Women in Advertising
As a design graduate intending to pursue a career in creative advertising, I have in the last two years, made efforts to research and better understand the working environment I hope to enter.
89% senior creative positions within top UK agencies are occupied by men, 83% of creatives are men, yet 80% of all purchasing decisions are made by women. Creative advertising departments have historically been and remain today, heavily male dominated despite the fact yet there are significantly more women, like myself, training for creative roles than there are men. 60% of students on creative advertising, graphic design, and other art and design courses are female and yet only 30% end up as creatives in advertising. Therefore 50% of the newly qualified female creative talent is lost between graduation and permanent creative roles in advertising. Where does all this female talent go and why? The answer according to Kathryn Ellis who carried out a six year study to find ‘The Lost Girls’ is that 45% chose to work in other advertising departments such as account management, planning, and project management, whilst 34% gained offers from creative and marketing based companies and only 11% gained employment in the creative roles for which they had been specifically trained. Why this happens is less clear. Potential causes have been extensively researched and reported with reasons including conscious bias from existing senior directors who show an unwilling attitude to diversity for fear of upsetting existing key staff, an unconscious bias from male educators that leads them to prefer more masculine work, exclusion of women from social events and networking for fear of adversely affecting male enjoyment, and a lack of female role models – especially existing creative directors and female mentors. There appears to be a reluctance to promote women for fear they will end up leaving to have children and their job will have to be left open during associated maternity leave. There is a preconception that women lack confidence, assertiveness, resilience and self-promotion when compared to their male counterparts.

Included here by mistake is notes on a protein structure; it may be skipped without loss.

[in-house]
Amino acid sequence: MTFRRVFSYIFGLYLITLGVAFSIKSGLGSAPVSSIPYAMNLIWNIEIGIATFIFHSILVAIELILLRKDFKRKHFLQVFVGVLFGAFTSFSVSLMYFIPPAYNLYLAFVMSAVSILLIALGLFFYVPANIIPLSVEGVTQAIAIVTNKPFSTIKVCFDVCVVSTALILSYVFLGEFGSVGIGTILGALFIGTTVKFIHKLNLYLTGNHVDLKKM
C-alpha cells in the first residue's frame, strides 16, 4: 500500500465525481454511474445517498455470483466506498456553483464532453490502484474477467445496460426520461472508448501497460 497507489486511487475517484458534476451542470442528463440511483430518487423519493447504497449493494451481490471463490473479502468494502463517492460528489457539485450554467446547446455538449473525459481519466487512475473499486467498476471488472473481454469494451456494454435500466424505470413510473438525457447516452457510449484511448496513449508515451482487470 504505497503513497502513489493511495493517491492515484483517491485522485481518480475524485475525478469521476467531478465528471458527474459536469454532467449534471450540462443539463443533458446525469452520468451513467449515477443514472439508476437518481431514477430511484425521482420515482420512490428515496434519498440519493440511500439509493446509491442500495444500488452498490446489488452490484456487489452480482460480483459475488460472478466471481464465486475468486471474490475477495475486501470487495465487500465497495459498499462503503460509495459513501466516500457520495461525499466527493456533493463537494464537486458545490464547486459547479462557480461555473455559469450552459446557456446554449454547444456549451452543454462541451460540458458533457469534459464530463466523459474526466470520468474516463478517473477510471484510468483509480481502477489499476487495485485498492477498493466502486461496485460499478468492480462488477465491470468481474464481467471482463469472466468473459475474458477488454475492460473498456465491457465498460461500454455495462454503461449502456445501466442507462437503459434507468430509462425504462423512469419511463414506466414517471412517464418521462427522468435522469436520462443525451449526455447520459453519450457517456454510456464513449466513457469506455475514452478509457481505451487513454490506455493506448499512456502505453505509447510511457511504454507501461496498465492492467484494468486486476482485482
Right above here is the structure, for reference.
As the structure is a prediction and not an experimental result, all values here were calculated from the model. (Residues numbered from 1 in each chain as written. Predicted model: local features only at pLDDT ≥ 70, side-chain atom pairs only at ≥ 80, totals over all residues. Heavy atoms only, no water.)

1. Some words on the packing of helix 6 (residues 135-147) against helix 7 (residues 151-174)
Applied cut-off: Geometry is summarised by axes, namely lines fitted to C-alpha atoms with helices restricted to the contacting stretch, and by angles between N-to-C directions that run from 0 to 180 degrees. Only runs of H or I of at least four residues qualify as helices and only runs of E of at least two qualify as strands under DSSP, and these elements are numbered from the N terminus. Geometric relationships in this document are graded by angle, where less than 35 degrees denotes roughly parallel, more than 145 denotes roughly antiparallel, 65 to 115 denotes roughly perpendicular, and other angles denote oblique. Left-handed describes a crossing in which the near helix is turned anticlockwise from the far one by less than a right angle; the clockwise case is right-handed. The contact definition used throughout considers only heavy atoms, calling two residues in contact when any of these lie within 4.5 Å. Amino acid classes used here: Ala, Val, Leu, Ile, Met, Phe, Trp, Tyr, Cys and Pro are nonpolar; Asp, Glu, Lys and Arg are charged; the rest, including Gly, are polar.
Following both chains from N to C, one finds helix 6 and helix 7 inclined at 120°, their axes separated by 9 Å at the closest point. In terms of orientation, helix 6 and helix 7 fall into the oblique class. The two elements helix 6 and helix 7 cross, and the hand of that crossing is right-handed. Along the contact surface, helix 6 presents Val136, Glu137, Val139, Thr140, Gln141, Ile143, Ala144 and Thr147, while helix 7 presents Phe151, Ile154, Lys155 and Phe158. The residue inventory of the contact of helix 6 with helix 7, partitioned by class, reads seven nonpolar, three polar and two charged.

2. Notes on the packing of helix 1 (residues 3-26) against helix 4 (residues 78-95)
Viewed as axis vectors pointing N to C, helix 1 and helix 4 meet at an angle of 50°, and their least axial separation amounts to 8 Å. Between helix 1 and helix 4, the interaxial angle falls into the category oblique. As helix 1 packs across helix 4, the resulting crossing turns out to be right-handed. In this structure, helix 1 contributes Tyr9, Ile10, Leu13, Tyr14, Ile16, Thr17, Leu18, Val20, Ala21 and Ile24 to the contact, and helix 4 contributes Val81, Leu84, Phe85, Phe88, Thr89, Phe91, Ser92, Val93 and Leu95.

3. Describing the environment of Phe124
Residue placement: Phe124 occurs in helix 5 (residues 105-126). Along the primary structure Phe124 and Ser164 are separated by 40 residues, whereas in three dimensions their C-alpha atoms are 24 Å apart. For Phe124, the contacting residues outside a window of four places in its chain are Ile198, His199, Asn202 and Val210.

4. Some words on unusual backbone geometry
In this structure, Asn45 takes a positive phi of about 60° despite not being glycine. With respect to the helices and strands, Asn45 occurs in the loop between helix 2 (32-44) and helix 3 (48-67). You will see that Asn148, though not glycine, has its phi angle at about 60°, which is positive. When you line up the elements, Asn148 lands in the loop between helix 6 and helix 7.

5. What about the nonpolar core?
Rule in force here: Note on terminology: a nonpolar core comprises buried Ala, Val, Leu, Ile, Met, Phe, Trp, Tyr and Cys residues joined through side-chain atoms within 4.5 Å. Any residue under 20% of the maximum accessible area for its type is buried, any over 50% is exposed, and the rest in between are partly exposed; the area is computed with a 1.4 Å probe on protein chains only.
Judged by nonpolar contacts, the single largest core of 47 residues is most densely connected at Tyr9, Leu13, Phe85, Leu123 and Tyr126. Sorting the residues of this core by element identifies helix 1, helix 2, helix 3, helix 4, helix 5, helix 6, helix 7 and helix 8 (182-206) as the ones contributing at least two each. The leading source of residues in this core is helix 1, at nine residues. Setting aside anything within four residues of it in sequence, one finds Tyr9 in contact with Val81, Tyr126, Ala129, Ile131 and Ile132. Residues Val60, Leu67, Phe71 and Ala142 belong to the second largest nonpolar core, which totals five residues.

All the above are small behaviours and cultural biases that women encounter frequently either singularly or in combination in daily life in but in creative advertising, the perceptions initiate in education, grow in work placements and early roles to a point that becomes intolerable, resulting in talented women slowly and simply opting out. The imbalance between men and women in creative departments compromise standards of equality in our society and has social and economic implications.
Successful advertising campaigns connect with the widest range of people; men, women, black, white, straight, gay, young, old. The traditional way of coming up with ideas and concepts, involves bringing together a diverse group with diverse opinions to achieve the best result. So is it not essential to have a truly diverse workforce to have the societal equivalent of a meaningful brainstorm? If all the participants are the same gender, ethnicity, age, sexual orientation and earn the same, it would be no surprise if the result was narrow and homogenised. It would simply not make sense to brainstorm like this so why does it make sense to have a workforce lacking diversity? If our agencies are dominated by white, middle class men, is it so surprising that advertisers and brands rarely deviate from white faces to champion and front their products and services? Would the client not be better served by connecting with a more diverse market? Numerous studies indicate women feel advertisers do not understand them, and they find the majority of texts either unappealing or alienating and if the majority of creative departments are staffed by men, it follows that the majority of texts speak from a masculine perspective, and may lack insight and understanding of women Advertising texts could not just be more relevant, and hence effective, by involving women in their creation; they could also be more innovative and distinctive. Grow and Deng sum it up, “The lack of women in advertising creative departments compromises creativity itself. Thus, in the end, this is not a gender problem. This is a business problem, a problem that advertising agencies ignore at their own peril.”